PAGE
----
This [dynamical bias] is a very hard bias to overcome; ironically even the many philosophers and physicists who claim to believe in the block universe ontology still adopt the ant’s-eye view and assume that fundamental explanation is [dynamical]. Therefore, we must ask that you make every effort to suspend this dynamical bias as you read the book.
But, he writes:
It really is necessary to register how wild this idea is. I myself, at least, think that the first claim [dynamical explanation] is true but that the second [adynamical explanation] is certainly false.
This leads him to dismiss out-of-hand our 4D-constraint-based explanation:
Of course, if you explain the initial state of the universe by citing a later state, you probably shouldn’t explain that later state by citing the initial state; it can't be both that A because B and B because A. If physicists follow SSM's advice, can they then explain every state of the universe? That is, for each region of spacetime, can they explain why that region of spacetime is in the state it is in, without ever asserting both "A because B" and "B because A"? If this cannot be done then there is at least one region of spacetime with the property that that region's being in such-and-such a state remains unexplained.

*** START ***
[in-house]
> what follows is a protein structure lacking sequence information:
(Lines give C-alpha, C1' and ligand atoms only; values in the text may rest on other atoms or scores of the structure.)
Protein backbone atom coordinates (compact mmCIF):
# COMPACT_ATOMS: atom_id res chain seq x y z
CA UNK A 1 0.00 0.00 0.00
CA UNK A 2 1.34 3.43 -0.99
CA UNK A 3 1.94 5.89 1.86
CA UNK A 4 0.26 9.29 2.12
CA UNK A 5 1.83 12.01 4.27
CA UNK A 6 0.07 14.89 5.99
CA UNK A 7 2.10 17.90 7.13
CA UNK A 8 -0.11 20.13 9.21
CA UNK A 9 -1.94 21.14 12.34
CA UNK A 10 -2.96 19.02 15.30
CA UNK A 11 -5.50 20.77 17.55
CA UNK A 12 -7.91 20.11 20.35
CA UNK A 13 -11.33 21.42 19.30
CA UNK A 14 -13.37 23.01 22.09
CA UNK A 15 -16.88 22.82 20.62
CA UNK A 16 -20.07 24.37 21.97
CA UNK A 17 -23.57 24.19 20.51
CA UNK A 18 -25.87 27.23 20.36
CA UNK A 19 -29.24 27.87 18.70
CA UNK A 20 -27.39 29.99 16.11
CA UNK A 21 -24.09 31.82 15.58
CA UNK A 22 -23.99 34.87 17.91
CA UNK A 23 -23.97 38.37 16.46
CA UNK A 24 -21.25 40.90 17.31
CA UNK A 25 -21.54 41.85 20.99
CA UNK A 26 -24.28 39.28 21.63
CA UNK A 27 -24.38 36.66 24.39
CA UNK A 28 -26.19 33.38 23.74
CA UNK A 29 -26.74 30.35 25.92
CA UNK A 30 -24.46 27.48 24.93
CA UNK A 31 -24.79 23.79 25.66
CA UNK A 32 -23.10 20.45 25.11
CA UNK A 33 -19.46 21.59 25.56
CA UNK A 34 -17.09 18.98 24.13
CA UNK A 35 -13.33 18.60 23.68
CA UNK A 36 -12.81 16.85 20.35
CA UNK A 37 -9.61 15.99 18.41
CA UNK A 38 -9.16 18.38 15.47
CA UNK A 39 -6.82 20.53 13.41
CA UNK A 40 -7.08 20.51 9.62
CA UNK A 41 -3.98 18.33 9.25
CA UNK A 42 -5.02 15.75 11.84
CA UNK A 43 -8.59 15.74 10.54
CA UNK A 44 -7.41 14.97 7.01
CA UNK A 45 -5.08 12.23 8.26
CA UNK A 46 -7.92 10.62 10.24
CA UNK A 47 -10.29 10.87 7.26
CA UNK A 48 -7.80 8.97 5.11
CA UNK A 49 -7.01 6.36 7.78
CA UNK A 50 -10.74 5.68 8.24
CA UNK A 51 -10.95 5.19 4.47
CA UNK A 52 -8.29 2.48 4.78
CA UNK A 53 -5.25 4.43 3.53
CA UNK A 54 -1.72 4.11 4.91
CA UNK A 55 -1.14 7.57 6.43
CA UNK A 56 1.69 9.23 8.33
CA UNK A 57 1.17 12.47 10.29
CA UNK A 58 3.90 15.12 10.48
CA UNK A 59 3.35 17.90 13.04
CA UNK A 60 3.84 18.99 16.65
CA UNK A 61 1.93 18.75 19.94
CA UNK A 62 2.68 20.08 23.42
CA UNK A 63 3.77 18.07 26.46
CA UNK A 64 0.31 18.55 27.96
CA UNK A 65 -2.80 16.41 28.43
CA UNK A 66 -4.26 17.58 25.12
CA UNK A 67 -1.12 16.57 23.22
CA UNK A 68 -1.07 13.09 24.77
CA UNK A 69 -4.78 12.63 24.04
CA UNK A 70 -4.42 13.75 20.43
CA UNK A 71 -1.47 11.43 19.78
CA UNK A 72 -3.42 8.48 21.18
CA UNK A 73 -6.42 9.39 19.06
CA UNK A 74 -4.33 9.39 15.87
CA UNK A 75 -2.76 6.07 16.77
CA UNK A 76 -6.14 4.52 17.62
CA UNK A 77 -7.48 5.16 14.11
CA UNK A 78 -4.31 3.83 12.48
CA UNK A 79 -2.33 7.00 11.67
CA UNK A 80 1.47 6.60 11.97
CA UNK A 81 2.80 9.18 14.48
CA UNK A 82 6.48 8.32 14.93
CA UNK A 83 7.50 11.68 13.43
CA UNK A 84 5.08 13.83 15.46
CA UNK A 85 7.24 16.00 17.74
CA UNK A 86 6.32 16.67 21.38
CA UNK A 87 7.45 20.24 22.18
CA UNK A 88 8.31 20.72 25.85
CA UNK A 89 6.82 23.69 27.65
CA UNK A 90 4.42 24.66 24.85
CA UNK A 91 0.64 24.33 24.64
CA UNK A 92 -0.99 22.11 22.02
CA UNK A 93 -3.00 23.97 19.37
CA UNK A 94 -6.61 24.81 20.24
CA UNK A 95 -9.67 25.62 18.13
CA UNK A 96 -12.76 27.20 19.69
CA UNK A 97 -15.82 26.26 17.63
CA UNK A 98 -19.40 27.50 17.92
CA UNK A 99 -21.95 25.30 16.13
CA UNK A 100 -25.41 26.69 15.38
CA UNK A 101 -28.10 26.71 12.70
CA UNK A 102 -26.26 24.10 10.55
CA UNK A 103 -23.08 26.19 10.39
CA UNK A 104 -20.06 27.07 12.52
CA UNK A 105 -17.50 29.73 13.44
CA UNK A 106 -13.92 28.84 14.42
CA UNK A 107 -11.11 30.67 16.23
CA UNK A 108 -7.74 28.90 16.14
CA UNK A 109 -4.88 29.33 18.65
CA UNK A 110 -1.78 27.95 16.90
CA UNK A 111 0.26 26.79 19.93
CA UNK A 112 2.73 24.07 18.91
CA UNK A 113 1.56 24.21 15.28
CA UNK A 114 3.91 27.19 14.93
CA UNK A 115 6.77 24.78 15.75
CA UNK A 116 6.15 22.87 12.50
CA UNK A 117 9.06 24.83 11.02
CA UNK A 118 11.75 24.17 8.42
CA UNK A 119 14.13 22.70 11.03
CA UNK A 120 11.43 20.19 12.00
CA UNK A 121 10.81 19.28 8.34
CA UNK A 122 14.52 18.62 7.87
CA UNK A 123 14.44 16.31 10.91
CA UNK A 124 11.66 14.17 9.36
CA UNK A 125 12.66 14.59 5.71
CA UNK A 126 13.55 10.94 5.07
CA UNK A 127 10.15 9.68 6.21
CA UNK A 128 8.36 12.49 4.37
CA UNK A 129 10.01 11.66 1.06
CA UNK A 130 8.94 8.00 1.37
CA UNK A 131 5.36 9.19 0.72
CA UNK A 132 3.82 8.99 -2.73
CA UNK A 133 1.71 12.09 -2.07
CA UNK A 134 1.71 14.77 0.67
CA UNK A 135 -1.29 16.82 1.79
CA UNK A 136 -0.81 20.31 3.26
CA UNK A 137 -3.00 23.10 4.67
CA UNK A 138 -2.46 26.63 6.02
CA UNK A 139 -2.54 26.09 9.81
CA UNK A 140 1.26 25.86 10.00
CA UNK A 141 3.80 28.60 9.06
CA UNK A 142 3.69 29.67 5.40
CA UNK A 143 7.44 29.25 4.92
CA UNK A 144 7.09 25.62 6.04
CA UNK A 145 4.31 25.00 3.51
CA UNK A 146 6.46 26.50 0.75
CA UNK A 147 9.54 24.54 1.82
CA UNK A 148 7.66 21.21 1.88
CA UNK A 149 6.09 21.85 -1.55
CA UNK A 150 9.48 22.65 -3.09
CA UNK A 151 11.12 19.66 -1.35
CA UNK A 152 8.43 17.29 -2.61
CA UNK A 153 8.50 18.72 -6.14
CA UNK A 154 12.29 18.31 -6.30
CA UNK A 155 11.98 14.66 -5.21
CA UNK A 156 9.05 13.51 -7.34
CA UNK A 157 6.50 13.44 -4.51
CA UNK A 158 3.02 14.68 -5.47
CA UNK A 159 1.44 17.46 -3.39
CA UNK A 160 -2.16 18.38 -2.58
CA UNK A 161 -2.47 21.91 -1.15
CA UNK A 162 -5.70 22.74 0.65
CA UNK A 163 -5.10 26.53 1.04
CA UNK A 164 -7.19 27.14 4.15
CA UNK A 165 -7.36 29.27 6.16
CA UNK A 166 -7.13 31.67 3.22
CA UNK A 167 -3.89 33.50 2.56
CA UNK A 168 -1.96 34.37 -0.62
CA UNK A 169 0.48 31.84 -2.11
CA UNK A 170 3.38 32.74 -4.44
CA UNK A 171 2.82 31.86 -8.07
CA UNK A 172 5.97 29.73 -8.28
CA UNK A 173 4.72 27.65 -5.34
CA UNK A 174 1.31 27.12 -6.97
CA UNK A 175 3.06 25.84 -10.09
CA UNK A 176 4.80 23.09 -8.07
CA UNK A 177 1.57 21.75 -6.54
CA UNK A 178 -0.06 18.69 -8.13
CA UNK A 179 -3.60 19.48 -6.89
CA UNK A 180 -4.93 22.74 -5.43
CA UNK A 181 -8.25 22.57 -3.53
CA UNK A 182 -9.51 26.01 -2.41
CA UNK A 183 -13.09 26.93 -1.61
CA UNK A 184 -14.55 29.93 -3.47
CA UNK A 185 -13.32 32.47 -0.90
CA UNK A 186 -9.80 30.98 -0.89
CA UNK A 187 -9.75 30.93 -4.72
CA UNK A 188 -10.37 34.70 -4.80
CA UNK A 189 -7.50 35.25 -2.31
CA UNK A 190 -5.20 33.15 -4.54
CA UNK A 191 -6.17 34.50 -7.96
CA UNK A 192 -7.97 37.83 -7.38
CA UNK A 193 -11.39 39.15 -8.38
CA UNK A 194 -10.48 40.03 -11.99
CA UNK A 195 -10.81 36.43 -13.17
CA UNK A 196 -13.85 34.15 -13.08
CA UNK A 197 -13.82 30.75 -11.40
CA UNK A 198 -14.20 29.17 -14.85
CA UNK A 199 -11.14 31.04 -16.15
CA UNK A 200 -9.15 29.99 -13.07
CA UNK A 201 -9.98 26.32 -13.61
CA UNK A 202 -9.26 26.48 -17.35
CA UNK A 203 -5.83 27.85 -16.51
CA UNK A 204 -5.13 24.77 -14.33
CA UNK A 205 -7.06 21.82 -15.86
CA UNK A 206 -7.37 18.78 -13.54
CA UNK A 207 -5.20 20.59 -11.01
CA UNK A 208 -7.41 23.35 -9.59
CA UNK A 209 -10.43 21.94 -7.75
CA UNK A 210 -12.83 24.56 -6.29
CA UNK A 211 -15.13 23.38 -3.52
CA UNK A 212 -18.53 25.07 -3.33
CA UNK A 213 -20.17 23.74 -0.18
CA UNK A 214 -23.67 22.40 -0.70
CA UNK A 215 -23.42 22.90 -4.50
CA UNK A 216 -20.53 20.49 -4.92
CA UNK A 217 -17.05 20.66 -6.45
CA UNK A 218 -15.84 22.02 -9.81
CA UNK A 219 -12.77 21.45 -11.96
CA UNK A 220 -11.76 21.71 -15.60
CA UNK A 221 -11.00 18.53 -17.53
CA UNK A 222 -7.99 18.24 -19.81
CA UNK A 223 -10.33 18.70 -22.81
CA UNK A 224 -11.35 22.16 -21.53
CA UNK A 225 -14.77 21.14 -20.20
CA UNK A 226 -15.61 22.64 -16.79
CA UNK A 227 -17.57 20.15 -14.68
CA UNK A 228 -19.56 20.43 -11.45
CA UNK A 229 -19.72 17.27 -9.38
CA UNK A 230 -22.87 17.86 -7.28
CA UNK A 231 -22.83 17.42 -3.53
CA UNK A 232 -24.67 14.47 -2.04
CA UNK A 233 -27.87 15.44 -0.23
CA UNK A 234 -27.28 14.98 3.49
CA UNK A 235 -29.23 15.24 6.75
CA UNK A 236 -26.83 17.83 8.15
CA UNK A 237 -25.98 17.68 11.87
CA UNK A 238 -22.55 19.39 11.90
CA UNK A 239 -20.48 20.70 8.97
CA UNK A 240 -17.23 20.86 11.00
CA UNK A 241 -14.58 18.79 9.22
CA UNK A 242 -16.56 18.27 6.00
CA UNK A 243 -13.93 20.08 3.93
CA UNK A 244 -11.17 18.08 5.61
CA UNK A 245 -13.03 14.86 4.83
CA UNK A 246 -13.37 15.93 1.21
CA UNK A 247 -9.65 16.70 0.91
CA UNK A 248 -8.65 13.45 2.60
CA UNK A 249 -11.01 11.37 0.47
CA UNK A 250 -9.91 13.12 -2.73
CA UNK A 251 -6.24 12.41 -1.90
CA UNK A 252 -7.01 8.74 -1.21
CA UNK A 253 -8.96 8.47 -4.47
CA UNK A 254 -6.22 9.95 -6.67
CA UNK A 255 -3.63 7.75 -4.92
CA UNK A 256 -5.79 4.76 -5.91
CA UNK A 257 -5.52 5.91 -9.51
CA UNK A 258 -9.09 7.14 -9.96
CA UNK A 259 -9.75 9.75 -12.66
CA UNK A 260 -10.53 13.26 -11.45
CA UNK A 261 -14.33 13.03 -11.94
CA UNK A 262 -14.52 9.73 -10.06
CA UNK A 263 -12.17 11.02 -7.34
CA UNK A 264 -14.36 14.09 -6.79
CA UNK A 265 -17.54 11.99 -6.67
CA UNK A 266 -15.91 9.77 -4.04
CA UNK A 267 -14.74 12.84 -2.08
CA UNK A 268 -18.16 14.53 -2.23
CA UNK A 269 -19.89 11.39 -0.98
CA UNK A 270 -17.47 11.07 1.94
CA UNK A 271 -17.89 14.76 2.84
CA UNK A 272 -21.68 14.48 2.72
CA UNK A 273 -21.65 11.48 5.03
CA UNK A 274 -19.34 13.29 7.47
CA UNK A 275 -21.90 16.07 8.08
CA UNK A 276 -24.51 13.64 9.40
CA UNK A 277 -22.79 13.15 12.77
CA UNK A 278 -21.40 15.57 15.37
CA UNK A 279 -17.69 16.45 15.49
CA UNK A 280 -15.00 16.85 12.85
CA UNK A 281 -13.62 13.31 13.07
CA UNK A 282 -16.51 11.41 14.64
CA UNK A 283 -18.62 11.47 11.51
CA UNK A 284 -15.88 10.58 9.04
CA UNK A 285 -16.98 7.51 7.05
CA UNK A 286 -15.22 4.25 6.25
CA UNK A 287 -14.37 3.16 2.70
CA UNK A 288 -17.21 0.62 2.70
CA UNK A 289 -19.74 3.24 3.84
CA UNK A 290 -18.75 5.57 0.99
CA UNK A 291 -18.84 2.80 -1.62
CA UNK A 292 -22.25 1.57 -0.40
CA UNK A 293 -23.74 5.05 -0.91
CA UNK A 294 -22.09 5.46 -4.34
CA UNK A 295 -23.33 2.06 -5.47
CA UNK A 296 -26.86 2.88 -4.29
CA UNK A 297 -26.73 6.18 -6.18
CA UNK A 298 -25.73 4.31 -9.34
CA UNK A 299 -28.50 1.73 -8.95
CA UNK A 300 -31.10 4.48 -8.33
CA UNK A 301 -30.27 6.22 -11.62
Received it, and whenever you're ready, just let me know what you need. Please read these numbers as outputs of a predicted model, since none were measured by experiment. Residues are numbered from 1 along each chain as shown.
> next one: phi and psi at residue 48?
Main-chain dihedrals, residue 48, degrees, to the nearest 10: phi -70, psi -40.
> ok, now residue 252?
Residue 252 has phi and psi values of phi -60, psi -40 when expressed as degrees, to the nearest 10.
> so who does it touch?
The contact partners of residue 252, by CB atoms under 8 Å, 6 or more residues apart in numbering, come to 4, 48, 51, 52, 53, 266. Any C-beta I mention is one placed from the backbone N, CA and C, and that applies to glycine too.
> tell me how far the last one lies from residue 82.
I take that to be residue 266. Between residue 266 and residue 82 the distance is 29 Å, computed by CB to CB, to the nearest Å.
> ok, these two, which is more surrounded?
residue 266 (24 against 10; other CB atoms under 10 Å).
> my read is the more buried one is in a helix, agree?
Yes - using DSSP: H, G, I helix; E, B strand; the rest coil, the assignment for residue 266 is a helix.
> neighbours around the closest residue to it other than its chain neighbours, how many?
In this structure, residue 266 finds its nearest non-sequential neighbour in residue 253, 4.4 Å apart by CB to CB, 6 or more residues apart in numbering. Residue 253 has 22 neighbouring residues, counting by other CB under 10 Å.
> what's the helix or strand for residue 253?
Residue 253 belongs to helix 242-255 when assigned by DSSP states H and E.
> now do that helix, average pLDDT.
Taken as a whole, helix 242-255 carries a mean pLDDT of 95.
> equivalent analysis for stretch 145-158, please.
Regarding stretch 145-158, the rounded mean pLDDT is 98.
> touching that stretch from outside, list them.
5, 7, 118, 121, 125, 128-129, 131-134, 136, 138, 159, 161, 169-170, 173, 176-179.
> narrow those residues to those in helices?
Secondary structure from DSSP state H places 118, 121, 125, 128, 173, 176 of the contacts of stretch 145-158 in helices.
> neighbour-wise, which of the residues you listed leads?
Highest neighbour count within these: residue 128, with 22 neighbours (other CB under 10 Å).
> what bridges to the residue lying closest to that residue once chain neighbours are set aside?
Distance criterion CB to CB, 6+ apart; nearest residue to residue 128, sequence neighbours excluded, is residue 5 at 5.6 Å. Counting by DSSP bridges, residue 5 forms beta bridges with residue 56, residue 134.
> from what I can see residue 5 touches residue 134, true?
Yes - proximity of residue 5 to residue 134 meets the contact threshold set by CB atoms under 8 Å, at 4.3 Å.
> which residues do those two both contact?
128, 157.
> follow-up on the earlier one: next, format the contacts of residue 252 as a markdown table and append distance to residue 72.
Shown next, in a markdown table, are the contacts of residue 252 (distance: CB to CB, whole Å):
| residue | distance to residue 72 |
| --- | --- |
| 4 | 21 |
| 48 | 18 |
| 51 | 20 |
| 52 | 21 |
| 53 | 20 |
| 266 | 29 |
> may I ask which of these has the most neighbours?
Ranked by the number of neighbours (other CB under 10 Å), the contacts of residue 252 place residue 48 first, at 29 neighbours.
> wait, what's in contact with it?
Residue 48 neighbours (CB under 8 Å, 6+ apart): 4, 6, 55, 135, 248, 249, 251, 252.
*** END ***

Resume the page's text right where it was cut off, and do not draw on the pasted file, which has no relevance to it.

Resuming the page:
If you understand and are willing to consider the thesis presented in the book, then you can see immediately by the reviewer’s statement that his questions miss the point entirely. Einstein’s equations can be viewed as a self-consistency constraint as explained in Chapter 3. First, we explain what the metric is and how the left-hand side of Einstein’s equations (the Einstein tensor) is a very complex function of the spacetime metric. Then on p. 105: